If you were interested in beauty in the times before social media, you had to haul yourself down to the nearest David Jones or Myer, and head on over to the MAC counter or whatever your preferred brand was. This was not only a time-consuming activity, but if you were a newbie to makeup it felt like you were on trial if you didn’t know the difference between bronzer and tinted moisturiser. The experience could often be unpleasant. With the revolutionary invention of social media, the experience of being a beauty consumer couldn’t be easier!
Consumers now have unlimited access to shop for their beauty products online from almost anywhere in the world. We receive targeted ads and emails to let us know of sales and new releases, and we are able to follow people in the beauty industry online.
The biggest change in beauty occurred through the rise of the social media famous ‘beauty influencers’. This includes people like Huda Kattan (owner of HUDA Beauty), Rhianna (owner of Fenty Beauty), Nikkie de Jager (social media star of NikkieTutorials), and Jeffree Star (owner of Jeffree Star Cosmetics). There are literally thousands of beauty influencers, but these are 2019’s top beauty gurus!
The rise of social media has altered brand priorities to shift from trying to appeal directly to the desired consumers, to trying to appeal to beauty influencers with large social media followings.
Beauty influencers have allowed for a widening of the beauty industry by using their large followings to promote products to a targeted audience. This can be seen through celebrity endorsements, like the brand Benefit, using influencers to endorse their products by adding new packaging with the influencer’s face on them to appeal to their fans.
Another new practice is the free PR packages these influencers receive, which include multitudes of free beauty products wrapped in luxurious bags and boxes with big pretty ribbons and cards. Companies strongly urge these free products to be raved about on social media using special hashtags to help generate excitement about their brand and products.
Another way social media is used to hype up a brand are reward programs for loyal returning customers such as MECCA Beauty Loop, where consumers can receive extra products and free samples. There is an unwritten expectation that these products will be showed off online and create more buzz and sales for the brand.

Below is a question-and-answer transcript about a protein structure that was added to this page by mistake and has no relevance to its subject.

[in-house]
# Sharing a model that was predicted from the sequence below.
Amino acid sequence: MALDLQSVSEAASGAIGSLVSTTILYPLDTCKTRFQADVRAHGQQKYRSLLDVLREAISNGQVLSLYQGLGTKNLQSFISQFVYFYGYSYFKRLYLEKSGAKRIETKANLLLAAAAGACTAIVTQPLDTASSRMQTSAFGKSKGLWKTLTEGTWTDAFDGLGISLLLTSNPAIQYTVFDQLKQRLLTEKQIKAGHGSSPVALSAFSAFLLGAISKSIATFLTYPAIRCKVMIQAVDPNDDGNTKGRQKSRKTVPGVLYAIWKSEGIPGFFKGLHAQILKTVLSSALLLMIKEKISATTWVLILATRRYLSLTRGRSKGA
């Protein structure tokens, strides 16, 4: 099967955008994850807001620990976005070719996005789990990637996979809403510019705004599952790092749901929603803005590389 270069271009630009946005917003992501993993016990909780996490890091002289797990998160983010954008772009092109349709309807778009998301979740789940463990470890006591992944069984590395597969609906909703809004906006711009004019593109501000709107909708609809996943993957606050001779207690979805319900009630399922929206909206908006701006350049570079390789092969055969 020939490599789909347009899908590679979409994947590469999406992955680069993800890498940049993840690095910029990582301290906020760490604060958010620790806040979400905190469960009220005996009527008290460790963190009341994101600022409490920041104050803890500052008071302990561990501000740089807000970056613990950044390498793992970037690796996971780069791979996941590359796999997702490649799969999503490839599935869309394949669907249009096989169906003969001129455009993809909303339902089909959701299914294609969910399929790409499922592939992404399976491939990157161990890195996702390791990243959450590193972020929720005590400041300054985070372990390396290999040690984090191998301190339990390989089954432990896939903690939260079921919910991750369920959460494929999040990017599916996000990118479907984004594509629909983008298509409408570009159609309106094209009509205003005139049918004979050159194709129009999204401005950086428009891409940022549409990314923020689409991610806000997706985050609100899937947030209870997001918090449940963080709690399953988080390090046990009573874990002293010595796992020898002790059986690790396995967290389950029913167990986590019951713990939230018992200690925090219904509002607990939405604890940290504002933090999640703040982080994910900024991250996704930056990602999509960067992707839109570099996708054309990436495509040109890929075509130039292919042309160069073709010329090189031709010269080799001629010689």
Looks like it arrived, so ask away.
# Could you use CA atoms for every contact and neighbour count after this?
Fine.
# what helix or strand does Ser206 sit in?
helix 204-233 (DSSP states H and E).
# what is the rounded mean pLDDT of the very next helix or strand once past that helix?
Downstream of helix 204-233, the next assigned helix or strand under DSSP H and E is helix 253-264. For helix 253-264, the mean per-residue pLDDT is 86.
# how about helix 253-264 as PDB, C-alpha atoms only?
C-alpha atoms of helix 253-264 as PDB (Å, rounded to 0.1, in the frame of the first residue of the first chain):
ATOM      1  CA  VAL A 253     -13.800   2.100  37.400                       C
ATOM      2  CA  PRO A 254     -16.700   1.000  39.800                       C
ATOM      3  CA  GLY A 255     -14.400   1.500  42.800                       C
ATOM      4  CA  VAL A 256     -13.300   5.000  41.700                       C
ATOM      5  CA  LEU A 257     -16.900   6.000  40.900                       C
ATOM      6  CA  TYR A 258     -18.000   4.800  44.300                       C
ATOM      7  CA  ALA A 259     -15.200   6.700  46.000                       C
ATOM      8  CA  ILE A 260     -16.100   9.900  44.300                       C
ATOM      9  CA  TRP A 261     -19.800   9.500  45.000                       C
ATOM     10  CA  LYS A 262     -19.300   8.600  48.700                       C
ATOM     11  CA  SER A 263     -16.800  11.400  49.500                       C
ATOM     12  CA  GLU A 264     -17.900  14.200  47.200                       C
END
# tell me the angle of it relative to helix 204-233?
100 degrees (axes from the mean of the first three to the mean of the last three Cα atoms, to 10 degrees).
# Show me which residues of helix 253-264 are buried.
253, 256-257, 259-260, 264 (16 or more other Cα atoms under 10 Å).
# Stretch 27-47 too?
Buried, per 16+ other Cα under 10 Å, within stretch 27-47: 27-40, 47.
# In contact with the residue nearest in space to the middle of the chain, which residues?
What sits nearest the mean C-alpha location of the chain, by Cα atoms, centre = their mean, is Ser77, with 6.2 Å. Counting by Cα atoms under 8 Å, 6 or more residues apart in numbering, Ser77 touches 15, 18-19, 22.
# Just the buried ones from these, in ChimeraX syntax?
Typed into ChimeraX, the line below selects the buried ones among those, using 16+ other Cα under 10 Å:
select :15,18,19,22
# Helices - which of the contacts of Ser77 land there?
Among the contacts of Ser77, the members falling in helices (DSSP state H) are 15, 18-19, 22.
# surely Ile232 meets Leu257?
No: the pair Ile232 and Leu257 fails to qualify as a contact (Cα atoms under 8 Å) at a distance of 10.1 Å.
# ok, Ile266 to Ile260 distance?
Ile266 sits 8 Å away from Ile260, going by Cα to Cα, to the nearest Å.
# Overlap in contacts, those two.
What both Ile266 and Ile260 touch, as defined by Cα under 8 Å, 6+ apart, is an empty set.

A great thing that has happened with social media influencing the beauty industry is that there is now so much to choose from. It forces brands to be highly competitive, not only with prices, but with options too. For instance, it’s now a lot easier to get high-quality makeup that is vegan and not tested on animals.
Unfortunately, there are ways that social media has ruined the beauty industry too. An example is that social media has started a new trend through ‘follower codes’; most social media users would be familiar with this form of endorsement. I’m sure you know that one girl from high school who posts regularly ‘use my code beckyxox15 for 15% off your purchase at (insert name of swimsuit store here)’.
The incentive is to target influencers with lots of followers to promote discounts to their followers – and getting a nice little commission themselves for every sale made with their code. Now this is fine for legit celebrities because they only endorse quality stores, but your friend from high school has probably been approached by fraudulent businesses who use codes like these to trick people into buying from their store which is a complete scam.
Another negative influence social media propagated includes the use of cosmetic injectable ‘fillers’ to enhance beauty. What’s bad about this is multi-pronged. Firstly, it’s usually clinics with no trained medical staff being promoted by celebrities on social media. This is problematic because these clinics don’t care about the wellbeing of the customer, and they may use counterfeit injectables that can cause lifelong damage. There is also the use of Nurse Injectors which is dangerous because they don’t have the knowledge of how to correctly inject. Under law, only doctors are allowed to inject fillers, and cheaper chain clinics being promoted puts a lot of people’s health at risk. Secondly, the use of cosmetic injectables damages beauty consumers’ wellbeing and self-confidence; if they can’t afford these injectables, then they use apps like FaceTune to acquire the same effect, and as a result are never happy with their appearance.
Another issue is that YouTube specifically has created a huge battle area for influencers to create DRAMA! Never before has the beauty community been engaged with so much drama, which actually shifts buyers’ consumptions patterns based on who is currently trending and popular and what products they’re using and promoting. Some drama on YouTube includes James Charles vs Tati Westbrook, Jeffree Star vs Kat Von D, Laura Lee, Manny MUA and Gabriel Zamora vs Jeffree Star, as well as many other iconic feuds that gained media attention due to the online social status of these beauty influencers. This can be a negative pattern of behaviour that generates a lot of online hate and can ruin people’s careers.
Last and not least is that fact that YouTube beauty influencers use their platforms to try and create their own makeup lines. This can be a huge success as seen by Jeffree Star’s multi-million dollar company Jeffree Star Cosmetics – net worth of 50 million dollars – or, in other cases, it can be a total bust. An example is how some influencers seen putting out a makeup line as a get richer quicker scheme, and they release subpar quality makeup because they are aware that if their name is attached to the product, their adoring fans will buy it regardless.
The beauty industry will continue to evolve as time goes on. The question is, what’s next?